The Brexit behemoth rolls on whether we want it to or not and still uncertainty persists. Meanwhile the political changes across Britain and the European Union (EU) are well and truly being rung, with Tory and Lib Dem leadership contests in full swing, as well as new EU nominations and appointments.
Magic money orchard
Since it was announced that Jeremy Hunt would be going up against Boris Johnson, these potential future prime ministers have been battling it out in order to win the backing of the Conservative party membership. In what seems to be the political rendition of 'anything you can do, I can do better', Hunt and Boris have been outdoing one another with increasingly lavish spending claims.
First up, Boris Johnson has pledged to raise the higher-rate income tax threshold to £80,000 from the current level of £50,000 which would cost £9bn. He has also unveiled plans to ensure that there are more 'bobbies on the beat', with an additional £1 billion cash boost. The schools budget is also set to bolstered, with a £5 billion annual pledge of extra money.
Not to be outdone, Hunt has vowed to cut corporation tax to 12.5%, 'turbo charging the economy'. This plan, however, would cost £13bn a year in foregone tax revenues. He also wants to raise defence spending to 2.5% of GDP over the next five years, reaching 4% of GDP by 2020. A £20 billion Brexit 'war chest' was also announced as a way to mitigate the economic impact of a no-deal departure.
For the party of fiscal responsibility, these announcements seem irresponsible, especially as we are no closer to resolving Brexit. The Conservative party doesn't just have a magic money tree stashed away at CCHQ but a magic money orchard.
A rising revolt
While both Tory leadership candidates have been hard at work creating new spending pledges, their other commitment that we will leave the European Union by 31 October looks less assured. On Wednesday, some of Britain's major supermarkets - Sainsbury's, Asda and Tesco - have said that a no-deal scenario could create difficulties ahead of the key Christmas period. These challenges range from a lack of toys to concerns that stocks of food will not be adequate. Mike Coupe, Sainsbury's chief executive officer said that the 31 October date was "about as bad as it gets".
There is also a growing group of rebels within the Conservative party, dubbed the "Gaukward squad", who look set to block a no-deal Brexit. Around 30 Conservative MPs, led by Philip Hammond and David Gauke are thought to be meeting regularly in order to secure a date in October on which MPs will control the agenda and can force through legislation.
Whether such a challenge will be successful is uncertain, given that when presented with this opportunity to take control of the parliamentary agenda before, MPs failed to support it fully. What could change things is the upcoming by-election in Brecon and Radnorshire. A remain alliance has now been formed, with the Greens and Plaid Cymru stepping aside to allow the Lib Dems a free run at the seat. If the Lib Dems are successful, then the governments working majority drops down to three, which could prove pivotal.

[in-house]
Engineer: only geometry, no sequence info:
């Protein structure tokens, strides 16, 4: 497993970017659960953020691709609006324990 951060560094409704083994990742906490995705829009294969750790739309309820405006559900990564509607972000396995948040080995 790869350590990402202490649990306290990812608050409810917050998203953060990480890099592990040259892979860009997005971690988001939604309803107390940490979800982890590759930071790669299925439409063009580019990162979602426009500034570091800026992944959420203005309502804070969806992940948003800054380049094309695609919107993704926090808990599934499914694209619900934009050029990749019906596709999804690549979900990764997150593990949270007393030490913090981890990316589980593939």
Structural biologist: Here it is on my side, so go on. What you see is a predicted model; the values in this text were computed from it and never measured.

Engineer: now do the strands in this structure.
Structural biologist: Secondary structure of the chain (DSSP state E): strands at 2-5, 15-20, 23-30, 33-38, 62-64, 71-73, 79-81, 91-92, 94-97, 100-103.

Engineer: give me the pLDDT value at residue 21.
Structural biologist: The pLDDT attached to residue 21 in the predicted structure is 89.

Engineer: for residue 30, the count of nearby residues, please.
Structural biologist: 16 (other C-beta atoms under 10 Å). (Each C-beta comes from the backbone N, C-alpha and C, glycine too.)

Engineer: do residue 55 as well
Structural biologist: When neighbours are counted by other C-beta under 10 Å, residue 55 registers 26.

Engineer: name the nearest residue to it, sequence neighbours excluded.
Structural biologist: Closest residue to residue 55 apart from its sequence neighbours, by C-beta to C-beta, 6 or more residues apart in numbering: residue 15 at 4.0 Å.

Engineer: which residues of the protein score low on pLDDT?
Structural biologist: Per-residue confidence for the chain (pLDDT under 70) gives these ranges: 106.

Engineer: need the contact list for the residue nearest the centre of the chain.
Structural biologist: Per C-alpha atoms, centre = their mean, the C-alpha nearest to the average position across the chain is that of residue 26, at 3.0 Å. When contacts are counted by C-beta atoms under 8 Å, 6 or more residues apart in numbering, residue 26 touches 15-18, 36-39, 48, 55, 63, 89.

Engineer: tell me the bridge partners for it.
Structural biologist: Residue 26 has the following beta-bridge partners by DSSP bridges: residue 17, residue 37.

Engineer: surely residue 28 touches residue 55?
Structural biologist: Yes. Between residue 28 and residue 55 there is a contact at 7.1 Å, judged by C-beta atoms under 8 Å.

All change in the EU
Late on Tuesday evening, the European Council agreed its candidates for the EU's top jobs, who are due to take up their posts by late 2019. Replacing Jean-Claude Juncker as president of the European Commission will be German defence minister, Ursula von der Leyen, a key ally of German chancellor Angela Merkel. This was a surprising nomination, with only one third of Germans believing their defence minister to be a good choice to lead the EU Commission. There was also anger from members of the European parliament (MEPs), with Esteban González Pons, a Spanish MEP and vice president of the European People's Party (a conservative grouping in the European parliament), declaring "I would urge you to think deeply: The future of Europe can no longer be decided behind closed doors and through secret plots." MEPs are set to vote on von der Leyen's nomination in the week of 15 July, so it's not yet certain that she will end up taking the top-job.
Elsewhere, the current Belgian prime minister, Charles Michel, will replace Donald Tusk as president of the European Council. On the chances of a no-deal Brexit, Michel previously stated earlier this year that "at least it would be clearer."
Ode to Joy
Tuesday marked the opening of the European parliament, with a rendition of the European anthem, Beethoven's Ode to Joy. In a display of dissent, all 29 of the Brexit party MEPs turned away to face the back wall. The European parliament's president, Antonio Tajani, was quick to criticise the protest. "If you listen to the anthem of another country you rise to your feet." I've got a feeling that a statement like this is exactly why they were protesting.
But it wasn't only the Brexit Party making a scene. The 16 Liberal Democrats turned up in yellow t-shirts with 'Bollocks to Brexit' emblazoned on the back. Overall, these displays have given the EU a glimpse of just how divided Britain still is.
Change is the buzzword affecting domestic and EU politics this month, with leadership battles and European nominations dominating headlines. Persistent uncertainty still remains however, and what these changes could mean for Brexit is even less clear. Is Boris Johnson guaranteed to become leader of his party? Will parliament block no-deal once and for all? And whoever will the next leader of the Conservatives face a more favourable or hostile EU negotiating environment? Only time will tell.